You can pay a high price for losing your grip on getting paid
Having gone to all the trouble of winning the project, seeing the work through to the client’s satisfaction and sending in the final fee invoice, it is hard to understand why any architect would then neglect to collect all the money that is due. The work to which the invoice relates no doubt took place months before, so why accept any further delay at this stage?
Good organisation is the key to effective credit control. The collection process should be neither aggressive nor apologetic; it just needs to be performed in a systematic way until the desired result is achieved. There still seems to be some reluctance among architects to talk to their clients about outstanding fees. There can be a feeling that this sort of conversation will damage the relationship with the client. In fact, I believe that the opposite is true. Clients do not respect architects who do not run their own financial affairs in a professional way.
Most clients will only deliberately withhold payment of an invoice as a last resort. This is a dramatic gesture, and clearly signals that earlier warning signs have been ignored. The relationship with the client has probably deteriorated badly by this stage and emotions will be running high. Yet at the heart of the problem will be an earlier unresolved difference in expectations.
It is best practice to keep all the documentation and e-mails that relate to fees in a separate file. This makes it much easier to monitor the project’s financial progress and raise invoices. It will also help a lot in dealing with any fee related disputes.
It is a good idea to include your payment terms on the face of each of your invoices. For example:
Invoices are due upon receipt and are payable within 30 days of the invoice date. We reserve the right to charge interest as provided for in our agreement or interest and compensation at the statutory rate on amounts that are not received on time.
This wording makes reference to the legal right to charge punitive interest and claim compensation for the extra administration involved.
I see no good reason for an architect to finance its client’s business by accepting late payment without some form of compensation.
Many businesses have a system of paying their suppliers on a monthly payment ‘run’. By knowing when this takes place – as it is not always at the end of the month – and by sending invoices at the correct time, you can ensure that you get on the first available run and receive your money a month earlier than you might otherwise.
Good organisation is the key to effective credit control. The collection process should be neither aggressive nor apologetic; it just needs to be performed in a systematic way until the desired result is achieved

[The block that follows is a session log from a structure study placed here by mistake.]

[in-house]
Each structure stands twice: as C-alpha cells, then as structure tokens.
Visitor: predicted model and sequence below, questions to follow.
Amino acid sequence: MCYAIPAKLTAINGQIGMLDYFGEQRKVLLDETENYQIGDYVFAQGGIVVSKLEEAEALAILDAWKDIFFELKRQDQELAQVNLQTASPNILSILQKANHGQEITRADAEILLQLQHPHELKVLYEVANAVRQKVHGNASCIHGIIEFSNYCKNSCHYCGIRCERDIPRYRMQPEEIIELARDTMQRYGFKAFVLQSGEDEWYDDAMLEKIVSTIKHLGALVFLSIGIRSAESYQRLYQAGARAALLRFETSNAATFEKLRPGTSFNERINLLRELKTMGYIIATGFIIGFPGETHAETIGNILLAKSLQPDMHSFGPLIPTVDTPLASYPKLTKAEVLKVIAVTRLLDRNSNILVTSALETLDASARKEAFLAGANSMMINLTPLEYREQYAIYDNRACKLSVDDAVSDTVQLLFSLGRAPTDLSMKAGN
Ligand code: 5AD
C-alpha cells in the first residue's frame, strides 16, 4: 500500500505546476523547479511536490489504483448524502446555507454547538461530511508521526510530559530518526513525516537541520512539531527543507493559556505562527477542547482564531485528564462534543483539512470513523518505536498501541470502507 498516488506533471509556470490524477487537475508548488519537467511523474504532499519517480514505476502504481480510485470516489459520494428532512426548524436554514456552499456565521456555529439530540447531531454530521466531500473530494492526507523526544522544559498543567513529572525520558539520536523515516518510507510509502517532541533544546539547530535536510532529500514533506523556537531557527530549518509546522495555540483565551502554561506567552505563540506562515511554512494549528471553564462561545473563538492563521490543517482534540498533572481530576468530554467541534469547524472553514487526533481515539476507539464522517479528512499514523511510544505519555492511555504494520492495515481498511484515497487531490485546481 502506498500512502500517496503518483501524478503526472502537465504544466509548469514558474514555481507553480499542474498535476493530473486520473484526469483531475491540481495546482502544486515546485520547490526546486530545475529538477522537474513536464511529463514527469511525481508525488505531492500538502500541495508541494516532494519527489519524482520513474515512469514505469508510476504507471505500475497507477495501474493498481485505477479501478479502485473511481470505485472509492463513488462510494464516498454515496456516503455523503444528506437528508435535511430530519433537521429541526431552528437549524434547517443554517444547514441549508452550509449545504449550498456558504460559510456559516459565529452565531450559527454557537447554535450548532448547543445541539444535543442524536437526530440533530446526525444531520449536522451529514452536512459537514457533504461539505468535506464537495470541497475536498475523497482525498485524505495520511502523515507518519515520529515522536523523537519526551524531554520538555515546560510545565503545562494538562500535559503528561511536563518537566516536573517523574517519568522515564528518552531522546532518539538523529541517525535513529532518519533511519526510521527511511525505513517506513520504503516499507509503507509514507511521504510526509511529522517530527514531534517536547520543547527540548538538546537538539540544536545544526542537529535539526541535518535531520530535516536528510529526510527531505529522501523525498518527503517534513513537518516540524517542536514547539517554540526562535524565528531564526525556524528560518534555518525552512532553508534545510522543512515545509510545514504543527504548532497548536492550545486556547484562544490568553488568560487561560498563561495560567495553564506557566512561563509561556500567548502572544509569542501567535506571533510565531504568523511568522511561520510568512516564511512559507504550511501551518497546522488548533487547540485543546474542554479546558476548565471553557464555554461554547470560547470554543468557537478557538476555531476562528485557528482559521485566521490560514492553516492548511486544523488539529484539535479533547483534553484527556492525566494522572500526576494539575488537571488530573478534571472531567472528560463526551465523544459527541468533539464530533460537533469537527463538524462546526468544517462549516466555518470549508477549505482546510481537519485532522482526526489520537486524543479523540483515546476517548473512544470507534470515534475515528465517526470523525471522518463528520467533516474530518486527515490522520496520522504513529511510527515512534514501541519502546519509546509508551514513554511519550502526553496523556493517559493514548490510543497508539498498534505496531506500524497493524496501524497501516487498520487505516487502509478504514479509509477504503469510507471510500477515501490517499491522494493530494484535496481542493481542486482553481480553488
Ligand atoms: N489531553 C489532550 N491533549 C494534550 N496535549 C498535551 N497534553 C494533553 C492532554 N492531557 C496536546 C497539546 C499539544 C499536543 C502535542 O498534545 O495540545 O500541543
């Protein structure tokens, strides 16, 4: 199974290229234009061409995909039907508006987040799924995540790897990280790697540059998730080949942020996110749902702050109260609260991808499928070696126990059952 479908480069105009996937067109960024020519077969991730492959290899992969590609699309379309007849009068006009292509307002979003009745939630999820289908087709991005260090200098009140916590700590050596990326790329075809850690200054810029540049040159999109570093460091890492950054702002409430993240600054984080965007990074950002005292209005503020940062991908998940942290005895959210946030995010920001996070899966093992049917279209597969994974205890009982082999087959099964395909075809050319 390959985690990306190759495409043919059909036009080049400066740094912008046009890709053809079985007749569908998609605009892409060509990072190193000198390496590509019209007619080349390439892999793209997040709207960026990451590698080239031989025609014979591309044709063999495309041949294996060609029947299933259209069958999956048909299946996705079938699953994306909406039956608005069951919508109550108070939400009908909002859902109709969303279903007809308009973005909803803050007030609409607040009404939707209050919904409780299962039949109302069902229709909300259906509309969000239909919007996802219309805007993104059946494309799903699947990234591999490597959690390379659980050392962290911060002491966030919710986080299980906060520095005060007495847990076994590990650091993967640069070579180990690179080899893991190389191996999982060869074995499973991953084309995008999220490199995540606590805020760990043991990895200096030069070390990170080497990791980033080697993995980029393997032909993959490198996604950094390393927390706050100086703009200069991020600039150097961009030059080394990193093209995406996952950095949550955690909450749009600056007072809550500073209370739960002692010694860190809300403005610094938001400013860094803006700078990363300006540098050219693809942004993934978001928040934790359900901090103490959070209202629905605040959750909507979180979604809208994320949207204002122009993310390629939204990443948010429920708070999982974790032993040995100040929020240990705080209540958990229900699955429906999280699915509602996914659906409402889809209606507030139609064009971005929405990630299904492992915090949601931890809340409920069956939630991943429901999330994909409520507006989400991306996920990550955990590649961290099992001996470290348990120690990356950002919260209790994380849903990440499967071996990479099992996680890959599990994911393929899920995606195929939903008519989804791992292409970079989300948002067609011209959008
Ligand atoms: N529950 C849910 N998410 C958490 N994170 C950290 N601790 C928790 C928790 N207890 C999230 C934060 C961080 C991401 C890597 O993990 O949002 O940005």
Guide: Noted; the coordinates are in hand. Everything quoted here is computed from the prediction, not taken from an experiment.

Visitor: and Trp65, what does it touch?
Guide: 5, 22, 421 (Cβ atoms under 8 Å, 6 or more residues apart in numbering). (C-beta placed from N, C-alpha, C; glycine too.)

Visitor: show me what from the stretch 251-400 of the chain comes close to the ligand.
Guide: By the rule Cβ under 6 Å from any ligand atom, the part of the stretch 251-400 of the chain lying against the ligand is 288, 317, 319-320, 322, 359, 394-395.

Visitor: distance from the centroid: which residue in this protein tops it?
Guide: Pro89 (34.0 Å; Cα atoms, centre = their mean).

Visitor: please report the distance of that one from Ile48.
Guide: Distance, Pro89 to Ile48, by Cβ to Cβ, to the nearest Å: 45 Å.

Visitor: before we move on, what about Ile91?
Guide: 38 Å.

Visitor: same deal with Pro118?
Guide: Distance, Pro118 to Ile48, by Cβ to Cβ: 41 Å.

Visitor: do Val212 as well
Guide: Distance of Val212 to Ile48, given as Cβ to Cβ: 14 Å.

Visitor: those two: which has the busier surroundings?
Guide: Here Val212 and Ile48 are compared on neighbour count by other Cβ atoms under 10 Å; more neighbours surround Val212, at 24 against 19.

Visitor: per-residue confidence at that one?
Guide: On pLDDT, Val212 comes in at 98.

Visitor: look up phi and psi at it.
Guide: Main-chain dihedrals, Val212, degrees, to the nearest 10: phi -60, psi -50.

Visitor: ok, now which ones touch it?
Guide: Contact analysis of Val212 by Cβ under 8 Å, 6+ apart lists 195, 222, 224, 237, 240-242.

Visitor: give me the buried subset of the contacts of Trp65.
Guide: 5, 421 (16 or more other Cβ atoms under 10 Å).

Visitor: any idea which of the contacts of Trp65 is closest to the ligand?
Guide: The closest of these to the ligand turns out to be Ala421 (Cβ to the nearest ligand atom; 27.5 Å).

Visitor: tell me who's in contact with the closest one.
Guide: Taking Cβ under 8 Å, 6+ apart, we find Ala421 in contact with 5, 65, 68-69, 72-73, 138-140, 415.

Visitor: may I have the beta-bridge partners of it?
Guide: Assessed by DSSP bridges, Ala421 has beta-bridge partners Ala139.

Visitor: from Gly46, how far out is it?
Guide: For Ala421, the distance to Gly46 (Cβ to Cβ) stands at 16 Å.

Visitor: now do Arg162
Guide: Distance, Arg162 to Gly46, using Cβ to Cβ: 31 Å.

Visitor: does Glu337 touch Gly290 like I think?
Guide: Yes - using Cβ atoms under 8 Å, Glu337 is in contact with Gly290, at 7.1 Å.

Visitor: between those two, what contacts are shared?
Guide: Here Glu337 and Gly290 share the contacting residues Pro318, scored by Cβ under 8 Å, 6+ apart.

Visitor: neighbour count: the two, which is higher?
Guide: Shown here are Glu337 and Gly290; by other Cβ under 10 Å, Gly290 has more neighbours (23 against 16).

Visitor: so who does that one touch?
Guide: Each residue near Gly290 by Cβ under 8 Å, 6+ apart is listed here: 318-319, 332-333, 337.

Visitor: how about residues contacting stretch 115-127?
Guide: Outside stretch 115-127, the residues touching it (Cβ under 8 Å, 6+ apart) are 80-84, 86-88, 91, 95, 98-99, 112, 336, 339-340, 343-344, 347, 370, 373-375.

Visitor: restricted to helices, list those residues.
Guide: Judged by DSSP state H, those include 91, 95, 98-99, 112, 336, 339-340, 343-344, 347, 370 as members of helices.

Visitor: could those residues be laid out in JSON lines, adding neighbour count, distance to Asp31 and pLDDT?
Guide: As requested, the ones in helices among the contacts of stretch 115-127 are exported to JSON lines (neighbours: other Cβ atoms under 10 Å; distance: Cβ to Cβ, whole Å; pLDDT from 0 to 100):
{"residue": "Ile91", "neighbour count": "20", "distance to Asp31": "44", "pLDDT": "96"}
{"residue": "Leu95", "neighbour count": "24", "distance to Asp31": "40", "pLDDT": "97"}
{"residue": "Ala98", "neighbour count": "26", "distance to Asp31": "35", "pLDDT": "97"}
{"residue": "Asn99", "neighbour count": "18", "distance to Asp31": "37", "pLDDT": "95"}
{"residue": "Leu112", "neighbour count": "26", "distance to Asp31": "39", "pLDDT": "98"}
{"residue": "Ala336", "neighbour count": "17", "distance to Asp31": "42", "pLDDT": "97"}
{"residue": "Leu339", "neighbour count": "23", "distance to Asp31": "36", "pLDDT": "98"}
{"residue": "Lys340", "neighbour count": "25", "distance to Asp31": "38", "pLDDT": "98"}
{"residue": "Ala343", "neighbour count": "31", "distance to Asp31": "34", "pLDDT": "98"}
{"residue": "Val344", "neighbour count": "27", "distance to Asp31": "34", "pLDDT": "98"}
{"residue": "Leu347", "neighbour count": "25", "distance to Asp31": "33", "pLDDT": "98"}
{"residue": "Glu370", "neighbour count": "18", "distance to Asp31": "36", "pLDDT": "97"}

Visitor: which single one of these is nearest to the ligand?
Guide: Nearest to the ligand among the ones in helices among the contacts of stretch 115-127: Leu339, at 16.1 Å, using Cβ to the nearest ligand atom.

It is increasingly common to send out invoices only as attachments to emails these days. Although this is quick and easy, I still think it is a good idea for this to be followed up with a paper invoice as well. It is easier to ignore or delete an e-mail and its attachment than it is a piece of paper. This will arrive on someone's desk and will be a problem to them until they can pass it on or deal with it.
There is often a sort of blitz-spirit camaraderie between those who work in accounts departments. Many of them perform the dual role of chasing customer payments, while at the same time being chased themselves for payment by their own suppliers. This shared experience means that there is some sympathy for their opposite number who is chasing for payment and an understanding that it is an important task that has to be done. This ‘we’re all in it together’ feeling should be nurtured and put to good use in the credit control process.
The ‘drop-through effect’ of bad debt
I have seen situations where an architect will ‘give up’ on collecting the final outstanding balance of their fees. If the total project invoices added up to £100,000 then it can seem ok to not bother with the ‘hassle’ of chasing in the final unpaid £2,000.
The problem is that the full amount that is written off is deducted as if it were an expense in the accounts, and in that sense it ‘drops through’ the profit and loss account straight to the bottom line and reduces the net profit accordingly.
So while the unpaid £2,000 balance may amount to only 1% of annual turnover, it may represent 10% of the annual profits. Architects tend to operate on precarious, wafer-thin profit margins, so these small amounts can make a significant difference to the level of profit that is available to reinvest in the practice.
Resolving problems with fees
When it eventually becomes clear that the issue of an unpaid fee is not going to be resolved easily there are several formal ways to resolve the problem. The RIBA offers a number of services to assist with these processes and full details can be found in the ‘Professional Support’ section of its website. For amounts up to £100,000 the Money Claim Online service provided by HM Courts Service on the .gov website is both cost-effective and easy to use.
Brian Pinder-Ayres is author of Financial Management published by RIBA Publishing